In October, I found out my mother, who is 71, had early-stage Alzheimer’s disease, and my 76-year-old father, for now, is her sole caregiver.
AD is a rapidly growing disease that is greatly impacting our country, our state, families like mine who are on the front lines of caregiving, and those who are suffering from this incurable disease.
Although the passage of the National Alzheimer’s Project Act is a huge step in the right direction, much more is needed to meaningfully help these families.
According to 2010 state statistics, there are 110,000 Washingtonians with AD, many of whom are cared for by approximately 310,000 unpaid caregivers who provide about 350 million hours of unpaid care worth about $4.2 million a year.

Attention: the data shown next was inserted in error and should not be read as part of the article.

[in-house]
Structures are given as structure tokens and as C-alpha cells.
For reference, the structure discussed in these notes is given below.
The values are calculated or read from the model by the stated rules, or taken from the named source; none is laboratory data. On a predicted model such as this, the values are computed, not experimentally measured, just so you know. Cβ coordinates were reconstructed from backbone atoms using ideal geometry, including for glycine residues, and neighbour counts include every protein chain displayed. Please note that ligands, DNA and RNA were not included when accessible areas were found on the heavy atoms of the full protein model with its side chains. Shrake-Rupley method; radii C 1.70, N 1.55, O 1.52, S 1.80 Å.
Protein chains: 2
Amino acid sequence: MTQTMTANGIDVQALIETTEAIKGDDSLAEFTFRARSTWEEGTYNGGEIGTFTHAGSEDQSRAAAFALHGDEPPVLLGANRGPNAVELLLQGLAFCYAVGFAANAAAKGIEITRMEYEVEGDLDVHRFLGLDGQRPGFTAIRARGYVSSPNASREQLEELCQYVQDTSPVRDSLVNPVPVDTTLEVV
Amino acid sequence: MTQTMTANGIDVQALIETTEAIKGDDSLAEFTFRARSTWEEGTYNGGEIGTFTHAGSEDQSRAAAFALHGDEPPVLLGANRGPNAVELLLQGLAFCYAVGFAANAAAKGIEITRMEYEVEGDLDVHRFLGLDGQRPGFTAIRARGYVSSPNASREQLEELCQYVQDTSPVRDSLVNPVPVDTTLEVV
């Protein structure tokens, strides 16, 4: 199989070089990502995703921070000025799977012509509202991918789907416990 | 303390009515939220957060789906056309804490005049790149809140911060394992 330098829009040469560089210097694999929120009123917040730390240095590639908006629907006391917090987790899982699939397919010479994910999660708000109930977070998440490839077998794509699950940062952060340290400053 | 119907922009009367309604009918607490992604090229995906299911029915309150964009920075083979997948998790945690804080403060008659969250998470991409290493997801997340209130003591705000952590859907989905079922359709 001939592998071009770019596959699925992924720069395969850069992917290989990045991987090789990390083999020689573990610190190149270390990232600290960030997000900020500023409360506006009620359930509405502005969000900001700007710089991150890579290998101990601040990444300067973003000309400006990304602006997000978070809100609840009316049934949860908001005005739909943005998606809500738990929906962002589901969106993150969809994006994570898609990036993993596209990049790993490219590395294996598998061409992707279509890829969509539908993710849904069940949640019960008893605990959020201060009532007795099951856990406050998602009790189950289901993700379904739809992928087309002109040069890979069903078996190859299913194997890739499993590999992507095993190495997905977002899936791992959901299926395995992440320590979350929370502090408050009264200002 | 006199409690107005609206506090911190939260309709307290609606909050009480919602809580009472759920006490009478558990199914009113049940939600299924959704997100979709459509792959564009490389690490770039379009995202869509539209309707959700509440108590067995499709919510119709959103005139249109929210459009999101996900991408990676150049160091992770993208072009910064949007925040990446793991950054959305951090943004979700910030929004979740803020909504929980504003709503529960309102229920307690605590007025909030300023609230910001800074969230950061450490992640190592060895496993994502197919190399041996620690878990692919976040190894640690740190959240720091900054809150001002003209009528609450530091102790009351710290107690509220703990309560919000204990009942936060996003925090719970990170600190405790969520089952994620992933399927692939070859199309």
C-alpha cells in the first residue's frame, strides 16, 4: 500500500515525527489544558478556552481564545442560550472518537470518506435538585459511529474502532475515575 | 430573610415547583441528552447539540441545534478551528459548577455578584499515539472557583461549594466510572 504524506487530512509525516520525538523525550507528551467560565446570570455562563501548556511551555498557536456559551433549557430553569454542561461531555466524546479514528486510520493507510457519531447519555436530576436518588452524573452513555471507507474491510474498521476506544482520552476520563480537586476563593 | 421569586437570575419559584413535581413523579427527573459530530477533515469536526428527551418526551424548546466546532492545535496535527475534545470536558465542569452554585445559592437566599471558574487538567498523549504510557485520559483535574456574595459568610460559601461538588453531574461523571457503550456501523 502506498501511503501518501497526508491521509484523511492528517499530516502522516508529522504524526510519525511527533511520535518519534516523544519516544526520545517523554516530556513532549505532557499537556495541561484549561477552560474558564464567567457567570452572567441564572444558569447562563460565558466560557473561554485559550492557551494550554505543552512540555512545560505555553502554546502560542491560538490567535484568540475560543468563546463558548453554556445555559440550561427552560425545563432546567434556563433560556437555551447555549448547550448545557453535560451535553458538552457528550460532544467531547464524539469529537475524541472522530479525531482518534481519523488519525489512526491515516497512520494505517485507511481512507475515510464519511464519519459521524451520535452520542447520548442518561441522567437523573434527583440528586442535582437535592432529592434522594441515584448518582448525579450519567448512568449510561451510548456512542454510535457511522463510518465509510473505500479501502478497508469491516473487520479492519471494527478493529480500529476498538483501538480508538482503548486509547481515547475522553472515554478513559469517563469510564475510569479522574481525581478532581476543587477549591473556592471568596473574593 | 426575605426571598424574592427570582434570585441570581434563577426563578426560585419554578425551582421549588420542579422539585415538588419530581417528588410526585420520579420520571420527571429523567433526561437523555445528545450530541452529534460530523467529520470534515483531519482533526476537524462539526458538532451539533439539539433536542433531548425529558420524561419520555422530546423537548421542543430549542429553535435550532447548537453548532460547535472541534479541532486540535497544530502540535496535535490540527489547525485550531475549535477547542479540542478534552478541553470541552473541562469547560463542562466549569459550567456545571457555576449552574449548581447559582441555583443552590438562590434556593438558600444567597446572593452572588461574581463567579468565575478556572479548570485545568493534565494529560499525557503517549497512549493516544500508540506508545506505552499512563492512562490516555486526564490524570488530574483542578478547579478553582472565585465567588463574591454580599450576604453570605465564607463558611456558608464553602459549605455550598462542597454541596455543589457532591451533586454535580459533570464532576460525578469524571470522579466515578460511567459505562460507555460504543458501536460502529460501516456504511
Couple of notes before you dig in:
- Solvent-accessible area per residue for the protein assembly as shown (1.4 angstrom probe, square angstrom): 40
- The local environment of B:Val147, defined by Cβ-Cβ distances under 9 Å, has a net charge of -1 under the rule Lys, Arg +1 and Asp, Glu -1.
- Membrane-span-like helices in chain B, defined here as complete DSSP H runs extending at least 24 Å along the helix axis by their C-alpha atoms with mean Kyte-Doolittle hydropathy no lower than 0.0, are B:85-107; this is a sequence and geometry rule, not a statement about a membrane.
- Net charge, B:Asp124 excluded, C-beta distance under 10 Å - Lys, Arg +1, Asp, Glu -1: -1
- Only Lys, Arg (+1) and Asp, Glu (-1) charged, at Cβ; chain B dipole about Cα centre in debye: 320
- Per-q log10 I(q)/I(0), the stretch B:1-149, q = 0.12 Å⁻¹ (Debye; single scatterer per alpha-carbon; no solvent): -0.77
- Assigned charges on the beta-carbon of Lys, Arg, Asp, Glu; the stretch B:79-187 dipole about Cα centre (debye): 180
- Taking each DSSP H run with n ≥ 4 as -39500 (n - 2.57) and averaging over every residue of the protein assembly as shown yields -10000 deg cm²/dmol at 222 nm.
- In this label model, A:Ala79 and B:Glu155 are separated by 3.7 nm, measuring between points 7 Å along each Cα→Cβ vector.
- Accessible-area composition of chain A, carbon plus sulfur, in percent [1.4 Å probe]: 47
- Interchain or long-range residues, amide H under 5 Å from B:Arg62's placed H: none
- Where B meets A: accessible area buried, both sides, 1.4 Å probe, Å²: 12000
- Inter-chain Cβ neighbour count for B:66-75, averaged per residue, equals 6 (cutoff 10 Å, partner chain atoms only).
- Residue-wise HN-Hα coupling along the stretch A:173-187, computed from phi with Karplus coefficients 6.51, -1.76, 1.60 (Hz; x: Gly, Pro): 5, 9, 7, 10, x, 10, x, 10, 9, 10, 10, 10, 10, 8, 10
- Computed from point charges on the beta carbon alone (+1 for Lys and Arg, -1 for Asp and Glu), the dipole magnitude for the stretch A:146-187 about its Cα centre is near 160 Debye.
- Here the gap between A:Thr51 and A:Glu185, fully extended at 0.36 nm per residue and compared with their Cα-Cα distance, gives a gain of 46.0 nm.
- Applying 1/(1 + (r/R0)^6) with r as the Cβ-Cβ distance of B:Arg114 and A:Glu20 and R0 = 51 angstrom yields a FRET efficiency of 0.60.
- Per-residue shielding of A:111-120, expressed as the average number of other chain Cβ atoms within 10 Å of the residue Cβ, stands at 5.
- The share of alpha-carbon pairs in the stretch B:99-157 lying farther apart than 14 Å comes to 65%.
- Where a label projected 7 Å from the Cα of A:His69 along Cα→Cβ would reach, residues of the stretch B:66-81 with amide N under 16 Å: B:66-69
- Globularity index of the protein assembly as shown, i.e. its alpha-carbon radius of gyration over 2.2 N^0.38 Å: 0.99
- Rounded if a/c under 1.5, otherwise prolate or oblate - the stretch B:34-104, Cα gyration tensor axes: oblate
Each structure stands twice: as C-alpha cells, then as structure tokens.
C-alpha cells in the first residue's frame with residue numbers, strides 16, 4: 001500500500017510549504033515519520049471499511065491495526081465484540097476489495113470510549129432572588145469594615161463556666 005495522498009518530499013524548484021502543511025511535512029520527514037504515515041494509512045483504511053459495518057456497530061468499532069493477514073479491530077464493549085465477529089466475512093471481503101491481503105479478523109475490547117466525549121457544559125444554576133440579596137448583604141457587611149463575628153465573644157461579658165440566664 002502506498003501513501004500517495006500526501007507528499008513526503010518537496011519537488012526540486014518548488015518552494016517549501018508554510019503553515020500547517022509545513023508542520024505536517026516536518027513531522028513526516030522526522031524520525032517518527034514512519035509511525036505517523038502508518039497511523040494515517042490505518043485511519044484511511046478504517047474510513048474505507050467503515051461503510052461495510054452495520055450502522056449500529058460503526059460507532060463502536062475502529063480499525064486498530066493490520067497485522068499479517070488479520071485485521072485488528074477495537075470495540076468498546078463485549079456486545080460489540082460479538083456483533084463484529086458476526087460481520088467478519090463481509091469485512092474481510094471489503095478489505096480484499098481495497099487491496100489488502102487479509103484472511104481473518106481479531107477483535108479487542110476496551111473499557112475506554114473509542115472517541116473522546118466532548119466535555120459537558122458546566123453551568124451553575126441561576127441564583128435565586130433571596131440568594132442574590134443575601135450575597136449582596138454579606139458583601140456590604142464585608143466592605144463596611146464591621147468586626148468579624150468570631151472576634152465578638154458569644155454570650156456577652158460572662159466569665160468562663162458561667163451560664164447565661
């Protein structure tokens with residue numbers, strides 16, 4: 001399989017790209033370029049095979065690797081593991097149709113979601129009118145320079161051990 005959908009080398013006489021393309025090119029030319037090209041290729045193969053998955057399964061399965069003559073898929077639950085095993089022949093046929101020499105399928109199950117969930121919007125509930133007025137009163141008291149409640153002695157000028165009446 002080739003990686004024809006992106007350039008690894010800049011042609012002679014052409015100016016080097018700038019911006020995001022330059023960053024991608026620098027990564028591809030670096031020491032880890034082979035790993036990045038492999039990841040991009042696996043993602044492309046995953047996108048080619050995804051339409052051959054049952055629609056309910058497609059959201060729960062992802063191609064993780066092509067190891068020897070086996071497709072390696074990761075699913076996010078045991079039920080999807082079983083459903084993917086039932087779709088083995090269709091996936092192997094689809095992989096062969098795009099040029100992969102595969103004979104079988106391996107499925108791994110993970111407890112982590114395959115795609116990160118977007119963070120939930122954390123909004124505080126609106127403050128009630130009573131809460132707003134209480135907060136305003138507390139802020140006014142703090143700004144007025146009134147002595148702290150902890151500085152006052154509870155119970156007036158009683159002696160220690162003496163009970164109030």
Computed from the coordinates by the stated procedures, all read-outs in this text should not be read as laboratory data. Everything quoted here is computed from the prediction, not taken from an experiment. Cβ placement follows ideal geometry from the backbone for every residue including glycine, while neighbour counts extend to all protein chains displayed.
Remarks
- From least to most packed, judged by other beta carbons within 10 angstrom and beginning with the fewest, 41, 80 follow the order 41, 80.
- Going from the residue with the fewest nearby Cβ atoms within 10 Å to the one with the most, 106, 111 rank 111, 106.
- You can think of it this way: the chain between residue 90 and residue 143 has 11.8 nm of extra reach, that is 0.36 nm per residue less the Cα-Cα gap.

It’s estimated that AD is going to cost the United States $200 billion this year in health care and that the annual cost will increase to over $1 trillion by 2050 if we don’t do something now.
These families need more community support, both medically and financially, because too many are losing everything they worked so hard to attain in order to provide proper health care for their loved ones.